exercised informally, either through blood revenge, where the victim punishes the offender, or
banishment.

 Maintaining a Sense of Purpose and Cooperation

Like all human societies, hunting and gathering communities have struggled with the need to explain
the world around them and events for which there are no easy answers: people do get sick and die,
but what causes illness? Why are there good hunting days and bad hunting days? Because these
societies had limited amounts of knowledge to rely on, they developed their own system of
explanation. This resulted in the rise of a religious form known as animism: the belief that spirits
inhabit all natural elements, that they interfere with human affairs, and that they can be
manipulated to a certain extent by individuals with specific skills, called Shamans or medicine men.
This spiritual aspect of hunting and gathering life has been made famous by cave paintings
excavated in different parts of the world, as well as sculpture and other artistic forms.

Horticultural and Pastoral Societies

The period between 12,000 and 7,000 years ago marks the end of the hunting and gathering era and
the emergence of the era of horticultural and pastoral societies. Although this shift is referred to as
the first social revolution, it was actually gradual and unfolded over thousands of years. However,
the changes were so deep in the major areas of social life that this shift truly was revolutionary.

According to Lenski and Nolan, research now shows that hunters and gatherers did not simply
decide one day to abandon their traditional lifestyle to become horticulturalists and pastoralists.
Hunting and gathering societies had belief systems and structures that made them resistant to
change. A more likely explanation is that they were compelled to do so for several reasons: (a)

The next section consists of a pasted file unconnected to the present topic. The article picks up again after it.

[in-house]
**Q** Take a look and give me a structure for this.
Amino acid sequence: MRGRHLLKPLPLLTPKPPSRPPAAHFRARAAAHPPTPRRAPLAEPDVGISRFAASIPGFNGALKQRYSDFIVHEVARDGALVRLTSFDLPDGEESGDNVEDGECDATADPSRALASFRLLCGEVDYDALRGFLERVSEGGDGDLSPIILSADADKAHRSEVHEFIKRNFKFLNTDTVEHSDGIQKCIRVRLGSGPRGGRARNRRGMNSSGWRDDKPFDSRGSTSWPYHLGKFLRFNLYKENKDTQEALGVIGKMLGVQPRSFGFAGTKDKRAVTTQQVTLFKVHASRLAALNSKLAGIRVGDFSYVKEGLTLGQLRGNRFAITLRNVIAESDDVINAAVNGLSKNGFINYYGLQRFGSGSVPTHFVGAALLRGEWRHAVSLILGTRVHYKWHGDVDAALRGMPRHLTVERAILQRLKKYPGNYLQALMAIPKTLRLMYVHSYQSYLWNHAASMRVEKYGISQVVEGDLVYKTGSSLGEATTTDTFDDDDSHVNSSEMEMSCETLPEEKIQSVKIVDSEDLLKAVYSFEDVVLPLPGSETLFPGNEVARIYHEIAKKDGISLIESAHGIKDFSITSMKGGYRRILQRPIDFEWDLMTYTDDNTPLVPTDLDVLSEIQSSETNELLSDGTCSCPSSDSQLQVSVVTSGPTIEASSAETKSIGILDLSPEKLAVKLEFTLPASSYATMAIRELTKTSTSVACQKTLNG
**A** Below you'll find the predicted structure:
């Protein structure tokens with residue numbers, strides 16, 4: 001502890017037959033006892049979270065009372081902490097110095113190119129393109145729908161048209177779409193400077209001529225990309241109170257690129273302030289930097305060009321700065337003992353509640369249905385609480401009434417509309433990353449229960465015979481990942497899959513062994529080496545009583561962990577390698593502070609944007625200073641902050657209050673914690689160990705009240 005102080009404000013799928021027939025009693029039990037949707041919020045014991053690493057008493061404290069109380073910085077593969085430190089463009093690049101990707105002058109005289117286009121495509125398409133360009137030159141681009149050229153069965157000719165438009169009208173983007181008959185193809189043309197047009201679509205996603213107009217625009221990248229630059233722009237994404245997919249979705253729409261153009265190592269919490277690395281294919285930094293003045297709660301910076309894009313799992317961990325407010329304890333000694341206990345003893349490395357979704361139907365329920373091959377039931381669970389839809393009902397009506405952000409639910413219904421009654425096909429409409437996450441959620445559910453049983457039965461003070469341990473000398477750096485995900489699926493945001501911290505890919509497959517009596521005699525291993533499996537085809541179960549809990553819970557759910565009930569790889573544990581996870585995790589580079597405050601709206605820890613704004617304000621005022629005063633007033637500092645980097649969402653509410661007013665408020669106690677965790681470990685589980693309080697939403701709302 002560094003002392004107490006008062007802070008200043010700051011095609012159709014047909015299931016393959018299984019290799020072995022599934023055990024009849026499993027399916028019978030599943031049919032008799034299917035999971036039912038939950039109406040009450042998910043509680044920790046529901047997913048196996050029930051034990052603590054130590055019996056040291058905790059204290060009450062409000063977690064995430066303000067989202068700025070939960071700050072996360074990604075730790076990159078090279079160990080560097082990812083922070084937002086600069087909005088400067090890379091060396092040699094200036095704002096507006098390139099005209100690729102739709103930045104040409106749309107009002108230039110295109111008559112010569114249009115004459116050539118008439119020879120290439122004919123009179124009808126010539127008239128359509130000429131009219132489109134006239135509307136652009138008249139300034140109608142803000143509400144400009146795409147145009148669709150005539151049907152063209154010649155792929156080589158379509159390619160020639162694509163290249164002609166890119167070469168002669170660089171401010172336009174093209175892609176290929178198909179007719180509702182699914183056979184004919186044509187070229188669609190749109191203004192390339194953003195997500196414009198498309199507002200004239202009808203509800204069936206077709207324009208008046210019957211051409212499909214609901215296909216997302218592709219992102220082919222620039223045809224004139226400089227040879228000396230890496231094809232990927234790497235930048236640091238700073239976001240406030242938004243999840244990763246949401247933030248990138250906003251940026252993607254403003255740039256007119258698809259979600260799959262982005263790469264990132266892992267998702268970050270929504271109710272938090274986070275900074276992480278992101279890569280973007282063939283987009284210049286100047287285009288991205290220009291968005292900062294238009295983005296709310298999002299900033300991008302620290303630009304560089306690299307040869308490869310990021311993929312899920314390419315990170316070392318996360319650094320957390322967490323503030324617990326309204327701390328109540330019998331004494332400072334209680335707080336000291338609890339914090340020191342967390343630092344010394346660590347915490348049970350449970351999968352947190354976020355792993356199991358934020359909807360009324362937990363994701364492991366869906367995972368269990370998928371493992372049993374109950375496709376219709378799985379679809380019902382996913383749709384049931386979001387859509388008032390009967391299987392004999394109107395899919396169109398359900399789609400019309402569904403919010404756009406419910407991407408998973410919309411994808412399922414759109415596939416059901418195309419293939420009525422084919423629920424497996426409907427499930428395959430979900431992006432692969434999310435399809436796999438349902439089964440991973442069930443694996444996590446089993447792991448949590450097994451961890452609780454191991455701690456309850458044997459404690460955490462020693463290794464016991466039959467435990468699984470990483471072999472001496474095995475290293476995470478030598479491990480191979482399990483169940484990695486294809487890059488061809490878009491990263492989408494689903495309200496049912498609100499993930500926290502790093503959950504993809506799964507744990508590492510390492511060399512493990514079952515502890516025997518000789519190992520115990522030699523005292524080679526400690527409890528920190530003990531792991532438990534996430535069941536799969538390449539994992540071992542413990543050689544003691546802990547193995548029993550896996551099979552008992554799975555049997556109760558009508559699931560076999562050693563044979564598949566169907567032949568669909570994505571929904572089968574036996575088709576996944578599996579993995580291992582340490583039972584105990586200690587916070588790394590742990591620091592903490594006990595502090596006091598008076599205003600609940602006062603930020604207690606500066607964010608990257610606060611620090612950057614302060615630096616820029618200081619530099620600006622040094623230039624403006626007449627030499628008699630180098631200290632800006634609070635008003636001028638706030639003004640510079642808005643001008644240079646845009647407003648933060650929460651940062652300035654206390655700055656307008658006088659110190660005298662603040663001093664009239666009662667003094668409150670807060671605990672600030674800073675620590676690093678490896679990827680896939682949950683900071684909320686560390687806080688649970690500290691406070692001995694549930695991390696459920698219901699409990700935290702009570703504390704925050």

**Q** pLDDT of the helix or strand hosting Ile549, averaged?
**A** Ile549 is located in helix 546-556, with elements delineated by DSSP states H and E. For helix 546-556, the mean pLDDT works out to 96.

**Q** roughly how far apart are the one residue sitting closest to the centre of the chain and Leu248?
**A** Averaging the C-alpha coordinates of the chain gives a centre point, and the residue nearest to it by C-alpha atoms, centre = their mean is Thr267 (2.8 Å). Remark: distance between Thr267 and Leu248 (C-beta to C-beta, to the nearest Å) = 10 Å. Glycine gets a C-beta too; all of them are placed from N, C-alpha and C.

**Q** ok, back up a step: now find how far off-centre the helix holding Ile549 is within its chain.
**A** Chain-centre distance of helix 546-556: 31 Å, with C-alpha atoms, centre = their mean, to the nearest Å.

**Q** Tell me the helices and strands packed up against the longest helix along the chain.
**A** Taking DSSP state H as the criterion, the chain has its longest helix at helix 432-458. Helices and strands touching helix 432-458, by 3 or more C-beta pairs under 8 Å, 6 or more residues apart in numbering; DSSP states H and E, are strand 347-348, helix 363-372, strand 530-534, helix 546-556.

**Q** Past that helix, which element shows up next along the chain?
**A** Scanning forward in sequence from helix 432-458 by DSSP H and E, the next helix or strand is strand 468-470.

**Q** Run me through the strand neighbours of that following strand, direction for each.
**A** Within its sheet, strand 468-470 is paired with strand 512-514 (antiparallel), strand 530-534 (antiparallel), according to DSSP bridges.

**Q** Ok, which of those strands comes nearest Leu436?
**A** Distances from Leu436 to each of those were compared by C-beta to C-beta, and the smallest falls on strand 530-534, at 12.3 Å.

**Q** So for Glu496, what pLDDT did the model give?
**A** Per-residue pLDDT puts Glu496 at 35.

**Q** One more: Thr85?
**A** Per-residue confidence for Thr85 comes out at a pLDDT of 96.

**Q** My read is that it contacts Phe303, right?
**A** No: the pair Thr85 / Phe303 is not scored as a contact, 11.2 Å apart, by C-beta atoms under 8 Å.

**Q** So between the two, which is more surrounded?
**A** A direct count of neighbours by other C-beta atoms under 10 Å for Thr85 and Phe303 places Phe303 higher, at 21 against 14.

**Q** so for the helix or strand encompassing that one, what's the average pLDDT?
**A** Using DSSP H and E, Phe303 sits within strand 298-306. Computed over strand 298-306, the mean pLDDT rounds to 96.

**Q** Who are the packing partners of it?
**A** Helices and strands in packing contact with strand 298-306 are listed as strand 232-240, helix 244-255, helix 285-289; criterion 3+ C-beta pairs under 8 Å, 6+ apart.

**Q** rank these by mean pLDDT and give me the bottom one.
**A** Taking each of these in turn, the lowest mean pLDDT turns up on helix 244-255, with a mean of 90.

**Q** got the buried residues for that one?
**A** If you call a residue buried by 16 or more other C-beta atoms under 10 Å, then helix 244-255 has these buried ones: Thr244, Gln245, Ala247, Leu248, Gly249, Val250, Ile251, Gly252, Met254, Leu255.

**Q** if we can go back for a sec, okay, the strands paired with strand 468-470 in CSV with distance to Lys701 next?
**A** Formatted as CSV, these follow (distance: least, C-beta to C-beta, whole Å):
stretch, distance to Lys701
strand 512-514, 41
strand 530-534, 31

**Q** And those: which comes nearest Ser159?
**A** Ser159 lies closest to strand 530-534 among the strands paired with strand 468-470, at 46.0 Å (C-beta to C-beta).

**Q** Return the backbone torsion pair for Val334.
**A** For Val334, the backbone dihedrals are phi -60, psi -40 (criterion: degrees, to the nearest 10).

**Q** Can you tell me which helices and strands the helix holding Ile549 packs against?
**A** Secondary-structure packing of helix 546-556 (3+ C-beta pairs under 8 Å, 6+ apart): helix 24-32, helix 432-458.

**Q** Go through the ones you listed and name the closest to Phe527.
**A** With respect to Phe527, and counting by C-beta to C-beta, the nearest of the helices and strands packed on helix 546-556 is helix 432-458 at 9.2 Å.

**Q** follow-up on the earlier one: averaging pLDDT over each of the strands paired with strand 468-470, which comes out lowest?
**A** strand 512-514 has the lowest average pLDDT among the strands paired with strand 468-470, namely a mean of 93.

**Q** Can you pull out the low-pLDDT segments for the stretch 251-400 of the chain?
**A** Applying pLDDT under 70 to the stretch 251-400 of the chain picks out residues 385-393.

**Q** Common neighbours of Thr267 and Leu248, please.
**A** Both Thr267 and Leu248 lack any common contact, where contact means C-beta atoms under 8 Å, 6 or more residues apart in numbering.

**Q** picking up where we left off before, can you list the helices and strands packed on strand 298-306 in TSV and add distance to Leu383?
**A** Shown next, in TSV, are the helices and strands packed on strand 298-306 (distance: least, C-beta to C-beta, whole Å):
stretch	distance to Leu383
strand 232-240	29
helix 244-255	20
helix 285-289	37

population growth, (b) environmental change, and (c) change in technology. As population grows,
more food is needed to sustain the group. Consequently, hunting and gathering societies became
more efficient in weapon technology which resulted in the accelerating extermination of game. At
the same period, the global warming that marked the end of the last ice age provoked a rise in ocean
levels and a corresponding shrinking in available land.

Those societies that lived in dry and mountainous areas with low rainfall turned to pastoralism, the
domestication of herd of animals for food. Those that lived in areas with more rainfall turned to
horticulturalism, that is, the cultivation of gardens for food using hand tools, such as hoes. Pastoral
societies remained nomadic whereas horticultural societies established permanent settlements.
A good example of a contemporary horticultural and pastoral society are the Masai people, who live
mostly in Kenya. Below is a video the author shot. The Masai live without electricity. In order to cook
and heat, they need fire and this is how they get it, the old-fashioned way.

 Subsistence Technology

Horticulturalist involves slash and burn cultivation. When groups settled in an area, they would clear
the land by burning the existing vegetation using the resulting ash as fertilizer. Once the nutrients in
the ash are consumed and the land loses its fertility, it would be abandoned to wild vegetation and
people would establish a new garden. The major tools for this are the hoe and the digging stick. The
first region to adopt this mode of subsistence was a Middle Eastern area called the Fertile Crescent,
an area spreading from Jordan to Iraq.

Pastoral societies are also called herding societies. They rely on the domestication of animals
present in the environment for food. These societies tend to remain nomadic to find grazing land for
their herds. The major pastoral societies are still found in the Sahara desert, among the Tuareg
people.

 Replacing Member and Caring for the Young

The switch from a hunting and gathering lifestyle to a horticultural or pastoral economy had far-
reaching consequences. Human societies were no longer dependent upon whatever food sources
were available in the environment. Human beings, from now on, were producing it with greater